This Saturday, I am participating in my fourth Flowers Sea Swim since moving to Grand Cayman. It is one of the highlights of the sporting event calendar on island, with now 900 participants involved in the infamous ‘cuisine-art start’ one-mile swim along Seven Mile Beach. The Flowers family has been organizing this for more than 20 years, and it has the reputation of being the world’s richest open water one-mile swim, as there are more than $100,000 in cash and random prizes awarded at the event. They proudly boast that one in every five finishers wins a random prize—from an airline ticket to an experience to a cell phone—there are some really great prizes to be had! (Of course, I have never actually won anything.)
All proceeds go to a selected charity, so I don’t mind putting myself through the flailing arms & legs and the harsh salt water for about 45 min to finish the swim. In the past, I have convinced a friend to join me, then proceeded to train for at least a couple weeks, with that friend. My husband was along the course to take a few pictures and join me at the post-event party for a couple drinks. All in all, it was a great way to spend a hot summer afternoon with people whose company I enjoyed.
This year, I am going solo. And without having been swimming in the last Sea Swim I participated in—three years ago. And without my husband. It will be a different experience for sure.
This year, I am in the middle of marathon training. So rather than the Flower Sea Swim be an end point of training, the destination I was reaching for, it is now a cross-training exercise for me. While I may not be in shape swimming-wise, I am in more than adequate shape to accomplish this one-mile swim. My body can handle the level of overall fitness that is required of such an effort, even if I know my arms and back muscles will be a bit annoyed with me in the days following the swim.
This year, I am not pressuring myself for a set time. I guess I would like to have a respectable time (my last swims were all in the 40-43 minute range, as I do predominately the breast stroke), but I’m not so focused on that aspect of the swim. I have 75 minutes to complete it, and I know for a fact that I can travel the one-mile in that time frame. So like my long distance runs, I hope to simply enjoy the swim and being in the ocean for a bit of time Saturday afternoon.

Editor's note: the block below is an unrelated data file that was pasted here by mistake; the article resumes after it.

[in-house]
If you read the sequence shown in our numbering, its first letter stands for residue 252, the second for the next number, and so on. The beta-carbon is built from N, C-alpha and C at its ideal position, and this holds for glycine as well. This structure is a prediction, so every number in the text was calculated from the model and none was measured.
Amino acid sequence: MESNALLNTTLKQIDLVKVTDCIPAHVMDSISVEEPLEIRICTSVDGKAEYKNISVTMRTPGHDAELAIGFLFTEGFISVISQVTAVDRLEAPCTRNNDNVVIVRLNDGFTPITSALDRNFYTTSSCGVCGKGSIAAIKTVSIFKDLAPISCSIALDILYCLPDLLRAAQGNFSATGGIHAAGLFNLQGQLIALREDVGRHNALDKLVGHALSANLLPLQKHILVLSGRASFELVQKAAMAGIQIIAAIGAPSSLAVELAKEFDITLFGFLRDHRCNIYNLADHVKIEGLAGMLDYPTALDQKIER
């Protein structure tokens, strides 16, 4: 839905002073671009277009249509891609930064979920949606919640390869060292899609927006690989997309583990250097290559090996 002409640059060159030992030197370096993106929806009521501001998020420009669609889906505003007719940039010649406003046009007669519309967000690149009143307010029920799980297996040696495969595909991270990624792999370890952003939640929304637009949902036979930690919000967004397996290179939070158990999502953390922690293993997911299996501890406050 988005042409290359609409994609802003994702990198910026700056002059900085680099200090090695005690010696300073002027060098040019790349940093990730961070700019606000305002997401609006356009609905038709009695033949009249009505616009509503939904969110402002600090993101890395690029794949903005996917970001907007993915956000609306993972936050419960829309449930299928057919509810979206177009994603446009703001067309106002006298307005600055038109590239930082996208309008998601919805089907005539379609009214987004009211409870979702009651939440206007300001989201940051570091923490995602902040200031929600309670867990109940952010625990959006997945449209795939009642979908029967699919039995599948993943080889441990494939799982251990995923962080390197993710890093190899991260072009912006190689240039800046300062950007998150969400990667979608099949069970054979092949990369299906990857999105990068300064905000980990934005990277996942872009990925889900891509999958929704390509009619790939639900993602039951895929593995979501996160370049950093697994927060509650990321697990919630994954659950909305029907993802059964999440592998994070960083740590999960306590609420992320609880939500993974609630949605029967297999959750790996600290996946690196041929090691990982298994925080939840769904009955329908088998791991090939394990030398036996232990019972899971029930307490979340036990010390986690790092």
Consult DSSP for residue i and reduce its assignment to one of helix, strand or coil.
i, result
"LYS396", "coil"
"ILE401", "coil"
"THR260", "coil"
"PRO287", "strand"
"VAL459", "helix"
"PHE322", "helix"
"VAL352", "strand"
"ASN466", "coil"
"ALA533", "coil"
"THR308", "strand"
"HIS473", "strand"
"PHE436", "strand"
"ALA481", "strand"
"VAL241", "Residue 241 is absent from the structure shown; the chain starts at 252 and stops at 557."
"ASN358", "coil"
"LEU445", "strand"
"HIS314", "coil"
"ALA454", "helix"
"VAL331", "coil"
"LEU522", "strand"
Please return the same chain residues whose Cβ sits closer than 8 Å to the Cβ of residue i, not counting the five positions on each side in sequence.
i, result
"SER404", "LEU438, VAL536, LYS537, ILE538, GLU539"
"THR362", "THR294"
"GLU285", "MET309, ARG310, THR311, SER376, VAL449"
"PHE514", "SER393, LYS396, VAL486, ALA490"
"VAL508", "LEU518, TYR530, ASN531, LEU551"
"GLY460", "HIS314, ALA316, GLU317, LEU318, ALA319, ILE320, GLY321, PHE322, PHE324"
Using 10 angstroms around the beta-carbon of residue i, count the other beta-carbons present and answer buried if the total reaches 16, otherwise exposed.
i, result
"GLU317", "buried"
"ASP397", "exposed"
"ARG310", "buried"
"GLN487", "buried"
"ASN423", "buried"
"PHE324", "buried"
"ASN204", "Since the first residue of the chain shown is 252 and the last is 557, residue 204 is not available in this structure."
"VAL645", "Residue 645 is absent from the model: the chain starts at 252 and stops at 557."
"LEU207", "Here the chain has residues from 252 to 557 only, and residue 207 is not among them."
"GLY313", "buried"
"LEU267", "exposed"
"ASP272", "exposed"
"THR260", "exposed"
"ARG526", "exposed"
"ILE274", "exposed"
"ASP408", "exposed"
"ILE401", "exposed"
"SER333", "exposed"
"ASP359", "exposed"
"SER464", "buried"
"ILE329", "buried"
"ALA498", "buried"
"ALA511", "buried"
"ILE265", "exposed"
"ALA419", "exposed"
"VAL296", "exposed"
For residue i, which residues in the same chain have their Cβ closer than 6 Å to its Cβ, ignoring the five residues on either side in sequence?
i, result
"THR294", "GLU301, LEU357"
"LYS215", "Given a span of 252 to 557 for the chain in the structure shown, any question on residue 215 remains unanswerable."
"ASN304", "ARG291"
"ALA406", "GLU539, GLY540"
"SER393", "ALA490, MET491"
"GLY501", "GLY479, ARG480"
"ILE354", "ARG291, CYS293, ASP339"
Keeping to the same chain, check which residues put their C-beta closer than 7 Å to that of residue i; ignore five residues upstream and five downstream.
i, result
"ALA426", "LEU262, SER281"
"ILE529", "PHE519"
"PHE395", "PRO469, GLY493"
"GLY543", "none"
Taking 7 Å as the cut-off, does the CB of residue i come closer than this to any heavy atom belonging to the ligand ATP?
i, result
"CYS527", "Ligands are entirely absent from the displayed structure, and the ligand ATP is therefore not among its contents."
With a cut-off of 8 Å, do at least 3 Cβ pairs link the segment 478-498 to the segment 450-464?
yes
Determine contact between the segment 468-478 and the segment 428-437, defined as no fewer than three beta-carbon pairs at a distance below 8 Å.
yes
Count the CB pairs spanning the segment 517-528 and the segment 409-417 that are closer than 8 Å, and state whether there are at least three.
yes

This year, I hope to win (finally!), but let’s be real, I rarely win anything. So I will clap and cheer for all those who take home the prizes and laugh about how I never seem to win. I’m sure that everyone in a 5-ft radius will take home a prize, and I will be happy for them.
This year, I won’t make the mistake of getting there too early and spending that much more time in the sun. I usually get so nervous about the swim that my nervous energy means I get there really early for check in and then stand in the hot sun, baking for about 90-min before we can even get in the water. Then I spend 45 min in the water, and afterwards, am out (still) for another 2 ½-3 hours while the swimmers finish up, winners are announced and presented with their trophies (and prizes!) and the random prize process takes place.
This year is part of my training. And like all training, I may not be great at it, but in the end, it makes me stronger and brings me one step closer to my goal of 26.2. Swimming this for Meg & Scott, for K-Man, for Mrs Gardner…and of course for me.
So now, I’m off to find my swim goggles from the recesses of my closet! I hope they are still where I think they are…